Daimler CEO Dieter Zetsche talked about "commonalities" between automakers, not the least of which is the need for all of them to achieve increasingly stringent fuel-economy requirements in the European Union, at the Frankfurt Auto Show last week, according to Reuters. While these companies have made their own inroads as far as plug-in vehicles go, they are all behind the Renault-Nissan Alliance when it comes to public deployment of electric vehicles.
This summer, Daimler, Audi and BMW hooked up to acquire the Nokia Here digital-mapping service for about $2.8 billion. The triad of automakers beat out companies such as Apple and Uber to buy the entity, which was founded in 1986 as Navteq. Nokia bought the company in 2007. The acquisition makes sense as the automakers work on improving their products with features like cloud-based data to warn drivers of icy roads and traffic jams. The technology will likely also eventually be used in autonomous vehicles.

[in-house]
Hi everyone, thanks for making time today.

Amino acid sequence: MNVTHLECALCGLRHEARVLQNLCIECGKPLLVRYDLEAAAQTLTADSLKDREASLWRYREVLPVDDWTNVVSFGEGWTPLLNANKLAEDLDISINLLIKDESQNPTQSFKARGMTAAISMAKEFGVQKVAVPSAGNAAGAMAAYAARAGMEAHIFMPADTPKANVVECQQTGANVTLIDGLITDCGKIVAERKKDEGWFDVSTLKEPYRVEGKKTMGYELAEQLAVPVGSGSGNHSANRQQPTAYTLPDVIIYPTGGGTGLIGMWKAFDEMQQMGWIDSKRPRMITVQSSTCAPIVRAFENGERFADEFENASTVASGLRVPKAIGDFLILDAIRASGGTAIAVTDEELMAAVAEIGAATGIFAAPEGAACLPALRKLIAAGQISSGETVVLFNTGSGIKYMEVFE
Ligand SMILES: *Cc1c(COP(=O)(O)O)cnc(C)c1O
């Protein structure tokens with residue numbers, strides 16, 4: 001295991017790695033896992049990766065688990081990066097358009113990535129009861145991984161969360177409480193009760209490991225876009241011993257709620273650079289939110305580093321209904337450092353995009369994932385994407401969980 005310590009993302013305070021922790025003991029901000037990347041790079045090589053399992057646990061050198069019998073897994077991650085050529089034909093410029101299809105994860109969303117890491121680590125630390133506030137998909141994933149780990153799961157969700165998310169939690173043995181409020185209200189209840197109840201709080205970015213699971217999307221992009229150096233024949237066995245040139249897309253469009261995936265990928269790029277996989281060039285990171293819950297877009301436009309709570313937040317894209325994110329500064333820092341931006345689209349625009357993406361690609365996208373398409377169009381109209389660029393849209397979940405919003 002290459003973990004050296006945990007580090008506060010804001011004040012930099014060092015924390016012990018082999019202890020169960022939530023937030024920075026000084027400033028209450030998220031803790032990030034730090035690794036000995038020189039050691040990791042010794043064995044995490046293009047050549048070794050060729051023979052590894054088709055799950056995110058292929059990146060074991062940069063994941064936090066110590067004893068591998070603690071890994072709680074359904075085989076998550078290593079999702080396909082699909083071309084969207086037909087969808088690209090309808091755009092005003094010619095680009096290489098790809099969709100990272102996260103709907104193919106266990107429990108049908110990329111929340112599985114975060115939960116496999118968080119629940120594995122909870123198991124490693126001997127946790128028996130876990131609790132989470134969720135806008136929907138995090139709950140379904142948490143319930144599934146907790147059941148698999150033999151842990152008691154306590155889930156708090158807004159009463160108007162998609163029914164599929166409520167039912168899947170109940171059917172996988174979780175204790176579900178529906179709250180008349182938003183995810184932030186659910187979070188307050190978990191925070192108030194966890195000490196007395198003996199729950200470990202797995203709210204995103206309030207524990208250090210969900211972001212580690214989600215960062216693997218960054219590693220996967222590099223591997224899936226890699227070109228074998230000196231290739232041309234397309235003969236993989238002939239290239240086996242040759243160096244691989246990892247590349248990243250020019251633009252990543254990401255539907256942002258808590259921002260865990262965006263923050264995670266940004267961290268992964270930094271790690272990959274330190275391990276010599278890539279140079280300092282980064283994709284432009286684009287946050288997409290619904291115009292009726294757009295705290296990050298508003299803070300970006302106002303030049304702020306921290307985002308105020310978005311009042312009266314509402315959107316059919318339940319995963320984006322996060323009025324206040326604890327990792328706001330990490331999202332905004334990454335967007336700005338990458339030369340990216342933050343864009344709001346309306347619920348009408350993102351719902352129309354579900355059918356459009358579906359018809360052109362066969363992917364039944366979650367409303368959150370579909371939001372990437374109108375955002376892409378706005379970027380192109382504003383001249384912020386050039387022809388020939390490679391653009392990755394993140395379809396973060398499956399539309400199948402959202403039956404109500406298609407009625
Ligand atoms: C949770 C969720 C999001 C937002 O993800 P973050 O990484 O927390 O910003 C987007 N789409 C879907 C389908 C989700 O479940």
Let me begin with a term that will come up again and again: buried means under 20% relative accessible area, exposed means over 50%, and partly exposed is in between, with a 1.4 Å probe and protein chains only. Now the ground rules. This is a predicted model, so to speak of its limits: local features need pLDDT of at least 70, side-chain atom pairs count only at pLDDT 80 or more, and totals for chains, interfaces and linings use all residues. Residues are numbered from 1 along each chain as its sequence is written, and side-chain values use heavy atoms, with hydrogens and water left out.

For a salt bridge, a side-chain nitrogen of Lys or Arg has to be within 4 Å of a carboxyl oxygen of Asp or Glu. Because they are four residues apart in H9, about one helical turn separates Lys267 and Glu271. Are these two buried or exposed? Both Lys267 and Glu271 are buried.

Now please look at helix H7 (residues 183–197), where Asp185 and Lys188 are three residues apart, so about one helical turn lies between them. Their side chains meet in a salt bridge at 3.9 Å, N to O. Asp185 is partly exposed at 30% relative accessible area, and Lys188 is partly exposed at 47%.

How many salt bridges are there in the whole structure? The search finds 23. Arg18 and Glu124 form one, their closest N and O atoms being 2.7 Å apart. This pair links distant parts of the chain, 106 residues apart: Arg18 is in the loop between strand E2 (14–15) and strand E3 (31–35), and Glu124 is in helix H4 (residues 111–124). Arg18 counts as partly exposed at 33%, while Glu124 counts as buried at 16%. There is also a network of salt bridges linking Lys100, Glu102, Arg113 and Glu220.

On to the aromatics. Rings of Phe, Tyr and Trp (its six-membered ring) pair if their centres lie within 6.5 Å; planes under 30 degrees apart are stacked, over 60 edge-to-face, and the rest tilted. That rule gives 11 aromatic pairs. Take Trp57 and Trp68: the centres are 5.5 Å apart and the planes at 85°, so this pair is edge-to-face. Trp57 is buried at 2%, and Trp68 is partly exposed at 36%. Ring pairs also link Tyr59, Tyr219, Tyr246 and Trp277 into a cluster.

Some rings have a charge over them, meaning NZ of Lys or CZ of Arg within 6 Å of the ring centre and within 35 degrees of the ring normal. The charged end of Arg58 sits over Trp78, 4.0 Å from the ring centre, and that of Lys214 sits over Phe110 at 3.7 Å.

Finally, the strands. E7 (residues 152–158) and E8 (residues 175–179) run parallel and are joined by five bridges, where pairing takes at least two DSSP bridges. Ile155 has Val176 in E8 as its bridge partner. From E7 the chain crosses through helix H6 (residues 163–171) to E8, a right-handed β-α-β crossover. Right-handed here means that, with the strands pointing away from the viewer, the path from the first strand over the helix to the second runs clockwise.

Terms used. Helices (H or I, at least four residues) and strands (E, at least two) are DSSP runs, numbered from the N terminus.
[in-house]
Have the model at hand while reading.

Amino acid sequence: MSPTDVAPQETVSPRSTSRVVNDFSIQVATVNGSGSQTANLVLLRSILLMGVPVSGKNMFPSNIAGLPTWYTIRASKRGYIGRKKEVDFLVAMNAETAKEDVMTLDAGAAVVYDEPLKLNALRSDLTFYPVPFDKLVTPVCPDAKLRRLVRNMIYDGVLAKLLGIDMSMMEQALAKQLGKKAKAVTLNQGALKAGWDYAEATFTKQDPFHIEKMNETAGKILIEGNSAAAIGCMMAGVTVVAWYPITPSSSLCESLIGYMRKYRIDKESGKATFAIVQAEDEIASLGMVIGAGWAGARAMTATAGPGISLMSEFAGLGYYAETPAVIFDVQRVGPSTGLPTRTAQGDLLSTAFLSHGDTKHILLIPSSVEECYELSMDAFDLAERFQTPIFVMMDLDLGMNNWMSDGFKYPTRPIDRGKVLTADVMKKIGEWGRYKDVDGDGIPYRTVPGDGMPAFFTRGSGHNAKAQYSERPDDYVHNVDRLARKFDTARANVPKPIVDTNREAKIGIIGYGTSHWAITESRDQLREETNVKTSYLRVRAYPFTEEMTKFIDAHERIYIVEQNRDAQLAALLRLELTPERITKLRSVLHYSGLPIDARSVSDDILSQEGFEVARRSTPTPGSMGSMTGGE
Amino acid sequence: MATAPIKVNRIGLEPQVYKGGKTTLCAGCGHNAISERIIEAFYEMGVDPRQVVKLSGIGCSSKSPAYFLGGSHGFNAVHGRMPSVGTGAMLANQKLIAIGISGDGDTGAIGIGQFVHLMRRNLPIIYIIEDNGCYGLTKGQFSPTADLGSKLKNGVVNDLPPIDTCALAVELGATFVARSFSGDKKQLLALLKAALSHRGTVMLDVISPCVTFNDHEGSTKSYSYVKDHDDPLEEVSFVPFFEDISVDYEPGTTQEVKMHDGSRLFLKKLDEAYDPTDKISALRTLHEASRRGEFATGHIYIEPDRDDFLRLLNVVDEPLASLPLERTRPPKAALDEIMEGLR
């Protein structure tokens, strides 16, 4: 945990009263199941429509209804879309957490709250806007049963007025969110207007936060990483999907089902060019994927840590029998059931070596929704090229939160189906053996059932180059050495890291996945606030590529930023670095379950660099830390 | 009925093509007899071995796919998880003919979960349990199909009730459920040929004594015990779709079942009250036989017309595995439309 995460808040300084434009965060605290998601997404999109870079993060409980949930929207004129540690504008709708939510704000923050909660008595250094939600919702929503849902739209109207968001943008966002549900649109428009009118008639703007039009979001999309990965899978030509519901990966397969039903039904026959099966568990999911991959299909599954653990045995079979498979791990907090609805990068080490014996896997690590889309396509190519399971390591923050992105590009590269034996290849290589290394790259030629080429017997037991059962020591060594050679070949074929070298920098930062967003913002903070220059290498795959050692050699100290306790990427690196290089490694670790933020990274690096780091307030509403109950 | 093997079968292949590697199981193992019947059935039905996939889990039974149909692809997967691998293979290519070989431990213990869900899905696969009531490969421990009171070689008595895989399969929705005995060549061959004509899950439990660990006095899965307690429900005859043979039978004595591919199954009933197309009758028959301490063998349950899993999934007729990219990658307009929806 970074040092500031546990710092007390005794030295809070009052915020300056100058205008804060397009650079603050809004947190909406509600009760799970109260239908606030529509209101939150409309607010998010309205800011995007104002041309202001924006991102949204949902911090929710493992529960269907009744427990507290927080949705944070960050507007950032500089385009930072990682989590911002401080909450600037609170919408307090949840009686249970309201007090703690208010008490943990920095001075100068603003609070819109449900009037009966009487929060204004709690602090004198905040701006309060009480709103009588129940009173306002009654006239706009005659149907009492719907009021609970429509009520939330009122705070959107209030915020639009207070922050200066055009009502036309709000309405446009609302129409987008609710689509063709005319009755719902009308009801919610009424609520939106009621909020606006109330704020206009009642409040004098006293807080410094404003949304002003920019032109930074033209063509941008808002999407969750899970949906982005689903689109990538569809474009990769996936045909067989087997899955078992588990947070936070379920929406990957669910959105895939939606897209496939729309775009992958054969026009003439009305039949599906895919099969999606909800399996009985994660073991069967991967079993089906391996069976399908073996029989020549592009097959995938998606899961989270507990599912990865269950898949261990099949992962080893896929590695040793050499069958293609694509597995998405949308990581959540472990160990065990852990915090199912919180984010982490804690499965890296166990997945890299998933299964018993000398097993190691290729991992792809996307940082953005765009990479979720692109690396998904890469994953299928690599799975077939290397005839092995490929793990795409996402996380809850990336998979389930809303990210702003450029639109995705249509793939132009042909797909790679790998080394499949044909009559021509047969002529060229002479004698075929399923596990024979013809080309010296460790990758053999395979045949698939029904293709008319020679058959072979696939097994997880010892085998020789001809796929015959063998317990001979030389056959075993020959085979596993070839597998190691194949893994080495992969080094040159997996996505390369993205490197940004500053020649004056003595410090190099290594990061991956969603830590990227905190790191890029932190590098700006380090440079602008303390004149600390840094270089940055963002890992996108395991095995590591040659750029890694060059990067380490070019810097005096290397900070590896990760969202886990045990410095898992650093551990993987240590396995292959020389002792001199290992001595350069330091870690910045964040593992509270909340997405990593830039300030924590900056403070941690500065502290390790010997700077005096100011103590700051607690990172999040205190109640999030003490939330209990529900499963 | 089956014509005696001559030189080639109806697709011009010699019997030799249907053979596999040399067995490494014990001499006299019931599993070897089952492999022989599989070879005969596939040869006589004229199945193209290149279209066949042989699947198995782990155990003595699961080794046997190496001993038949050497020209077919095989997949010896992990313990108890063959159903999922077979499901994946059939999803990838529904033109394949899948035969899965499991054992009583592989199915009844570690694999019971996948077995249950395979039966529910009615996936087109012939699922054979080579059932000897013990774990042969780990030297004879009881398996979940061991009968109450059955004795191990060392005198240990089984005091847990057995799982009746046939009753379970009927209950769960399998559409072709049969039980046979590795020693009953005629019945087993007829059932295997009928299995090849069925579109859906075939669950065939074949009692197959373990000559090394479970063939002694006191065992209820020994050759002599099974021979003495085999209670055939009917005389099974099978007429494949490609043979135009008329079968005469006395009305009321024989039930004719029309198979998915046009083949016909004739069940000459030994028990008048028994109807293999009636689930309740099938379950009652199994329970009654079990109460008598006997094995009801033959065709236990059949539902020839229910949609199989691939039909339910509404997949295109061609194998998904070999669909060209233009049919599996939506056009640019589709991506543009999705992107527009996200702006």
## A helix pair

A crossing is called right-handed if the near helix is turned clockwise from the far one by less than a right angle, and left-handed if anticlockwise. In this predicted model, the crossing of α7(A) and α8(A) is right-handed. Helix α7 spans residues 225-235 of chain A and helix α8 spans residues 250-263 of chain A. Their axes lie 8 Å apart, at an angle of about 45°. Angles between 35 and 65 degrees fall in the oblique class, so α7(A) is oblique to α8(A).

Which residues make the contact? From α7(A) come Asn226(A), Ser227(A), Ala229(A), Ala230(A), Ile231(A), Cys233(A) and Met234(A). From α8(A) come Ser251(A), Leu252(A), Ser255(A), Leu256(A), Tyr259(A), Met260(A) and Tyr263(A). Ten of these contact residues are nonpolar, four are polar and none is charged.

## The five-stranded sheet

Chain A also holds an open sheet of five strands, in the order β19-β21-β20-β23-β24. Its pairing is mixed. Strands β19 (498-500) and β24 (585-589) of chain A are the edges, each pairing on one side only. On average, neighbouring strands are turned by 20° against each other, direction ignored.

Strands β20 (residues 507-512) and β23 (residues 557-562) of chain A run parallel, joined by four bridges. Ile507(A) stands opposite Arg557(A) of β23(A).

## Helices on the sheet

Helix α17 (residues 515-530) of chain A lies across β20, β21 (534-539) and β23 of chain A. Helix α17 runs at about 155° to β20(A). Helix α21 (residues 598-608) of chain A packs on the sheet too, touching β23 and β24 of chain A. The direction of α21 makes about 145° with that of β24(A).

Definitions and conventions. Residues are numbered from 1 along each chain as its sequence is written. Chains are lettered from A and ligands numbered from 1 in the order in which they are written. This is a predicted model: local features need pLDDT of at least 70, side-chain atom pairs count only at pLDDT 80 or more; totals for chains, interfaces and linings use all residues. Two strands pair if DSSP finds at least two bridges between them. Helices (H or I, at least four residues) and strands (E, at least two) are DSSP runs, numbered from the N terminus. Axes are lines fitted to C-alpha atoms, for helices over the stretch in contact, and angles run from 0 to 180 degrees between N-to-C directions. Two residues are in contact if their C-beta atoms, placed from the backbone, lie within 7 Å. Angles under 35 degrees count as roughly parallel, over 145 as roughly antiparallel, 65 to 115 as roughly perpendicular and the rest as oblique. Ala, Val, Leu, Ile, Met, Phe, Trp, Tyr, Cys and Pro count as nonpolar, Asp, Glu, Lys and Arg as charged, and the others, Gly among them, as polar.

Automakers working together for a common goal of improved technology is nothing new, of course. General Motors and Honda agreed in 2013 to work together to accelerate hydrogen fuel-cell drivetrain development. Earlier that same year, Daimler said it would work with Ford and Nissan in a separate collaboration to speed up the development of hydrogen fuel-cell technology.